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Everyone experiences symptoms of anxiety, but they are generally occasional and short-lived, and do not cause problems. But when the cognitive, physical and behavioural symptoms of anxiety are persistent and severe, and anxiety causes distress in a person’s life to the point that it negatively affects his or her ability to work or study, socialize and manage daily tasks, it may be beyond the normal range.
Types of anxiety disorders
The six main categories of anxiety disorders are:
- panic disorder (with or without agoraphobia)
- generalized anxiety disorder
- obsessive compulsive disorder
- acute stress disorder
- posttraumatic stress disorder.
Each of these anxiety disorders is distinct in some ways, but they all share the same hallmark features:
irrational and excessive fear
apprehensive and tense feelings
difficulty managing daily tasks and/or distress related to these tasks.
Cognitive, behavioural and physical symptoms include:
anxious thoughts (e.g., “I’m losing control”)
anxious predictions (e.g., “I’m going to fumble my words and humiliate myself”)
anxious beliefs (e.g., “Only weak people get anxious”).
avoidance of feared situations (e.g., driving)
avoidance of activities that elicit sensations similar to those experienced when anxious (e.g., exercise)
subtle avoidances (to distract the person, e.g., talking more during periods of anxiety)
safety behaviours (habits to minimize anxiety and feel “safer,” e.g., always having a cell phone on hand to call for help)
excessive physical reactions relative to the context (e.g., heart racing and feeling short of breath in response to being at the mall)
The physical symptoms of anxiety may be mistaken for symptoms of a physical illness, such as a heart attack.
Several factors determine whether the anxiety warrants the attention of mental health professionals, including:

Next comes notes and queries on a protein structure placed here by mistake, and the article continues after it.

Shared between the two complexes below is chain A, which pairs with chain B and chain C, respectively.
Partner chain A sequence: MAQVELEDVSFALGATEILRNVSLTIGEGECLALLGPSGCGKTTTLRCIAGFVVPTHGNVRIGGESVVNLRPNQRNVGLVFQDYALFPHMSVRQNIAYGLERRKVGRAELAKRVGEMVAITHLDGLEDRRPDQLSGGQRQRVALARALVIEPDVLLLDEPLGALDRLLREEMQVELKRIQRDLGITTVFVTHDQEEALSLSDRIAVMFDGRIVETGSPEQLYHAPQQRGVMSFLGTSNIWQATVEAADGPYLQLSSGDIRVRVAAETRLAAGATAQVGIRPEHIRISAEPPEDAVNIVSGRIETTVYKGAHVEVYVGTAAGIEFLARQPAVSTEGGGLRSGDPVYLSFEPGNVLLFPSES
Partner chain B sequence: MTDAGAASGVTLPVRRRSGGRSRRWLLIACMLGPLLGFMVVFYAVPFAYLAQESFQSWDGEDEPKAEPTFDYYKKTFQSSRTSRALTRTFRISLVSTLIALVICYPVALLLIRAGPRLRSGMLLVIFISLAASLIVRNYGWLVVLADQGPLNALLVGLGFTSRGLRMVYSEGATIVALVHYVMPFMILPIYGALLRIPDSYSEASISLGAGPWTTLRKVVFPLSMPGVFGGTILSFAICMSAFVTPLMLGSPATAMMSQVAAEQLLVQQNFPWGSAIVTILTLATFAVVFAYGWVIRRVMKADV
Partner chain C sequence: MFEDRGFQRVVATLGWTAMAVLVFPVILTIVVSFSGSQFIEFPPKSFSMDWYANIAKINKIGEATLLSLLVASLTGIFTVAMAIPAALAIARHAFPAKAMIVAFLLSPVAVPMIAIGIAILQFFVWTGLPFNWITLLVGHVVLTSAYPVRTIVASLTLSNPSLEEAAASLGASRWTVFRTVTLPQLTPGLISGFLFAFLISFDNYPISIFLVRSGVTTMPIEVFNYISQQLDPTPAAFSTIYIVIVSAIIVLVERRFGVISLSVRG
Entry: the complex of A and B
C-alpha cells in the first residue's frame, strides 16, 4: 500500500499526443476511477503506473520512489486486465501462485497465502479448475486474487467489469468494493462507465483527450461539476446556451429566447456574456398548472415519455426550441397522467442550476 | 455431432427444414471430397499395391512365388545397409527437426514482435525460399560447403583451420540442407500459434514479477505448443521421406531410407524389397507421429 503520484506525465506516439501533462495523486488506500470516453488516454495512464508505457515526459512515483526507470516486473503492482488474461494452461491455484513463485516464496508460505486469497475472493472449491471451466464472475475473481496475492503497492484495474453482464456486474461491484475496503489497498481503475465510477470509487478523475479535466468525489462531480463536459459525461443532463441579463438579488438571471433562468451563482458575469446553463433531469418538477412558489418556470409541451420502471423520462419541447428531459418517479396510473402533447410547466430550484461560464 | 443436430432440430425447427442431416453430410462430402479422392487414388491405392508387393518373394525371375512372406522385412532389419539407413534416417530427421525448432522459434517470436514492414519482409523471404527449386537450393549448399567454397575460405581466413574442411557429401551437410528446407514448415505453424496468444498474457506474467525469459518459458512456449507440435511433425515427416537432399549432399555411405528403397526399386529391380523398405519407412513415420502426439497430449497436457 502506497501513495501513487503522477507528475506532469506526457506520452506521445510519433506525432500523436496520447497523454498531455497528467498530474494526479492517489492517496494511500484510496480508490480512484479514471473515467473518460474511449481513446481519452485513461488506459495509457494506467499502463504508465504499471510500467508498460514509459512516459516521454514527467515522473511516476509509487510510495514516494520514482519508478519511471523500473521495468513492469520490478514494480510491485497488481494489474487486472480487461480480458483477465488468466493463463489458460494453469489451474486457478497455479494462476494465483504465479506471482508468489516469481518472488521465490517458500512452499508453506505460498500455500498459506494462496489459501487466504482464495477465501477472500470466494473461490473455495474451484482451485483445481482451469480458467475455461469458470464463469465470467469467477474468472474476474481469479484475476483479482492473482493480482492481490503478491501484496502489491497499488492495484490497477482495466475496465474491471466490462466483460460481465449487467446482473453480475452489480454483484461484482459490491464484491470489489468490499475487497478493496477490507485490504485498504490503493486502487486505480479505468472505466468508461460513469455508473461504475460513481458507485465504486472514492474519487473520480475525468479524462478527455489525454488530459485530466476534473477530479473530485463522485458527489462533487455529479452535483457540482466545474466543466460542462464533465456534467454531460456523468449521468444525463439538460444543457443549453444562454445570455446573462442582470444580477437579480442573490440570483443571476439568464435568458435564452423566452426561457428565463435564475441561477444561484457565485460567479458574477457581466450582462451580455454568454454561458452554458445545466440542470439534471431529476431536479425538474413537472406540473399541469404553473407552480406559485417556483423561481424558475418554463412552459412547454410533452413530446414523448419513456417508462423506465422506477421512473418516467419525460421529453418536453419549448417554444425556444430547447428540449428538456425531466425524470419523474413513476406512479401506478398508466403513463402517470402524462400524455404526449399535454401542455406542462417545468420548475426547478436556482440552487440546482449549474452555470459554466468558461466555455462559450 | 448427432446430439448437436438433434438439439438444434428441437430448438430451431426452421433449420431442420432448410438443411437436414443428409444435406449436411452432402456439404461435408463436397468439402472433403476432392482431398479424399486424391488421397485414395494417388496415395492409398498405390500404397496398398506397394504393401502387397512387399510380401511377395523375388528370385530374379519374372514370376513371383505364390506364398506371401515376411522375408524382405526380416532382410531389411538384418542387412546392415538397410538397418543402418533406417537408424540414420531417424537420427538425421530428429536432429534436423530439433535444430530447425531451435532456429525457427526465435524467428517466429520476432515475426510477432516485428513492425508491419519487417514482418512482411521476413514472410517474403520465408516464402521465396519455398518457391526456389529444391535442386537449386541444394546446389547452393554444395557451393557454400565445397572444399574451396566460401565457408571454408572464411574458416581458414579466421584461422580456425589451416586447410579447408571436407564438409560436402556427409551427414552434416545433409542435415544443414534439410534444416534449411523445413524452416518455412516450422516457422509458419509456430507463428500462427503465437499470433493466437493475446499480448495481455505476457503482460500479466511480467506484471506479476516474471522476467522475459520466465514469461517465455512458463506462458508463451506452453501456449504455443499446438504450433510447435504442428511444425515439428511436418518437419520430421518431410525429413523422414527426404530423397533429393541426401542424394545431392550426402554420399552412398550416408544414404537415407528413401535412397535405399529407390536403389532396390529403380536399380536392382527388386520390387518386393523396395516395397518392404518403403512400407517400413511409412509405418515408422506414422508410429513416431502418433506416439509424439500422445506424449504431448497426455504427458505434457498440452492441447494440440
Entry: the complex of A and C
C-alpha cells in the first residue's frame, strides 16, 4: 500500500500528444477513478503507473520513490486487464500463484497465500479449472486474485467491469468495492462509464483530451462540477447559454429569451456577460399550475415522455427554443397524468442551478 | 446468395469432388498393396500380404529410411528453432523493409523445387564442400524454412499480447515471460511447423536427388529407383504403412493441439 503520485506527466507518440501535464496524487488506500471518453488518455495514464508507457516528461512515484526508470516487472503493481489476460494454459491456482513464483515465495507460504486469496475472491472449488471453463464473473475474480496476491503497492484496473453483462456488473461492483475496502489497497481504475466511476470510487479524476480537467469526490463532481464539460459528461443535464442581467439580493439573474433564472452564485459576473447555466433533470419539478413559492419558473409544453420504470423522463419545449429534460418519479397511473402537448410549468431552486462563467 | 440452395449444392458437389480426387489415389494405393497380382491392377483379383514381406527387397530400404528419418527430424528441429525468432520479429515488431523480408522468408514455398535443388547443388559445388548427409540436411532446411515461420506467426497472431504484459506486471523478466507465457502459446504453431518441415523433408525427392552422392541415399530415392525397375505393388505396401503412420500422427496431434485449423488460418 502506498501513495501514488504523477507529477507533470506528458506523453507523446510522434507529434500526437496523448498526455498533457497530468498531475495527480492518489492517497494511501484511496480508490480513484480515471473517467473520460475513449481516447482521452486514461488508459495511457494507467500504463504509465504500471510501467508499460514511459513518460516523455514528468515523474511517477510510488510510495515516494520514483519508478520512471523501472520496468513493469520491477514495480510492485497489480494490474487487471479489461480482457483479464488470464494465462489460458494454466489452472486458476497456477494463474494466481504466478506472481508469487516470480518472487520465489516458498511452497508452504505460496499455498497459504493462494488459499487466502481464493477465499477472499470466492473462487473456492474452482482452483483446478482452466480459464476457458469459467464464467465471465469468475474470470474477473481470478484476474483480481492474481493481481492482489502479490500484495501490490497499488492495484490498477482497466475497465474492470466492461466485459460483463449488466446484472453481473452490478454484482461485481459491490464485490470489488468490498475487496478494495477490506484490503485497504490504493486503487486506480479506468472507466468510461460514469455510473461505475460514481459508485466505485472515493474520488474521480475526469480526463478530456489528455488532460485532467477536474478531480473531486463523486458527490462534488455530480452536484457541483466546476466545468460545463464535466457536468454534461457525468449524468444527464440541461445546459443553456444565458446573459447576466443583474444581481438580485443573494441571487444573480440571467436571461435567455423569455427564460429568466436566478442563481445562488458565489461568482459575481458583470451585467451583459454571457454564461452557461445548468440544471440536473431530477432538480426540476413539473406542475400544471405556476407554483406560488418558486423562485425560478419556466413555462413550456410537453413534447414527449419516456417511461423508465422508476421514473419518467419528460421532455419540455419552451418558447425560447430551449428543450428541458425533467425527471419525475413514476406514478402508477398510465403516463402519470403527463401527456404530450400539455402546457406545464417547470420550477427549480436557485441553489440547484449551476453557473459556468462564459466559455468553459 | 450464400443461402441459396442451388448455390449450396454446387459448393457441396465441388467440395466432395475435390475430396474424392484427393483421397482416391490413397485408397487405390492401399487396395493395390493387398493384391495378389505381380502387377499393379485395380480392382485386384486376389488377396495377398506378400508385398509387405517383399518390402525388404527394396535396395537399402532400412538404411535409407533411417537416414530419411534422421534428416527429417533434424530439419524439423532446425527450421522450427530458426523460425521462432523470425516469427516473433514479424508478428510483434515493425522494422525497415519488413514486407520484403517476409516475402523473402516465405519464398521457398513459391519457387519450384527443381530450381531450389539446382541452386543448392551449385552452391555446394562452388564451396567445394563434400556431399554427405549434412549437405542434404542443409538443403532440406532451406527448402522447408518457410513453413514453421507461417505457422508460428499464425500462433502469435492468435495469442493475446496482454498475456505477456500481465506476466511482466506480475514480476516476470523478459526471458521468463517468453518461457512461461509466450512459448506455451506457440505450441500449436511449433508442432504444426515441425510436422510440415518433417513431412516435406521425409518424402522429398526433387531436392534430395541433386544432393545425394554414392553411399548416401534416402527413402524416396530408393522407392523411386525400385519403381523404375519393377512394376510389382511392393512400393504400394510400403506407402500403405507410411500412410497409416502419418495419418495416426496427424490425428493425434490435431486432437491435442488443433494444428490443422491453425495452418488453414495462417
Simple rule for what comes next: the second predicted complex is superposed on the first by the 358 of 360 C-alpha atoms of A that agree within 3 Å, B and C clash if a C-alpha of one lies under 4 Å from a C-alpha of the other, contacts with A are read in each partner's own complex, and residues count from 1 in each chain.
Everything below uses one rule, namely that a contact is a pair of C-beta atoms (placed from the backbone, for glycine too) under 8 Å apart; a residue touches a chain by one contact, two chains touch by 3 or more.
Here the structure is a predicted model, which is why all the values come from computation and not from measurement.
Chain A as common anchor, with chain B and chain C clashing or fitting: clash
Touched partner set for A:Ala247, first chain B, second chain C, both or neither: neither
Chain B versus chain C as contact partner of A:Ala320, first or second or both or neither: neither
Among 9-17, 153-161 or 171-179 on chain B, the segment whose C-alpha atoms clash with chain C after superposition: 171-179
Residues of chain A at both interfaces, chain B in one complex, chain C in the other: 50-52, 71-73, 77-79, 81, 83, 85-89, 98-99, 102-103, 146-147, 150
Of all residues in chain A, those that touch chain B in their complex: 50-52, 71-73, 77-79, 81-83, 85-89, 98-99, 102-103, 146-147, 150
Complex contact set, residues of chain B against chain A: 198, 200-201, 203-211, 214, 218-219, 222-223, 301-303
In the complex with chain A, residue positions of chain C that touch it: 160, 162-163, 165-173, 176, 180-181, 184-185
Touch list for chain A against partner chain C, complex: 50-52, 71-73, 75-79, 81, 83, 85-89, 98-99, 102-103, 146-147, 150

the degree of distress caused by the anxiety symptoms
the extent to which the anxiety symptoms affect the person’s ability to work or study, socialize and manage daily tasks
the context in which the anxiety occurs.
People with anxiety disorders may feel anxious most of the time or for brief intense episodes, which may occur for no apparent reason. They may have anxious feelings that are so uncomfortable that they avoid daily routines and activities that might cause these feelings. Some people have occasional anxiety attacks so intense that they are terrified or immobilized.
People with anxiety disorders are usually aware of the irrational and excessive nature of their fears. When they come for treatment, many say, “I know my fears are unreasonable, but I just can’t seem to stop them.”
Like most mental health problems, anxiety disorders appear to be caused by a combination of biological factors, psychological factors and challenging life experiences, including:
stressful or traumatic life events
a family history of anxiety disorders
childhood development issues
alcohol, medications or illicit substances
other medical or psychiatric problems.
Many psychological treatments, such as relaxation training, meditation, biofeedback and stress management, can help with anxiety disorders. Many people also benefit from supportive counselling or couples or family therapy. However, experts agree that the most effective form of treatment for anxiety disorders is cognitive-behavioural therapy (CBT). Medications have also been proven effective, and many people receive CBT and medication in combination.
Adapted from Anxiety Disorders: An Information Guide © 2009 Centre for Addiction and Mental Health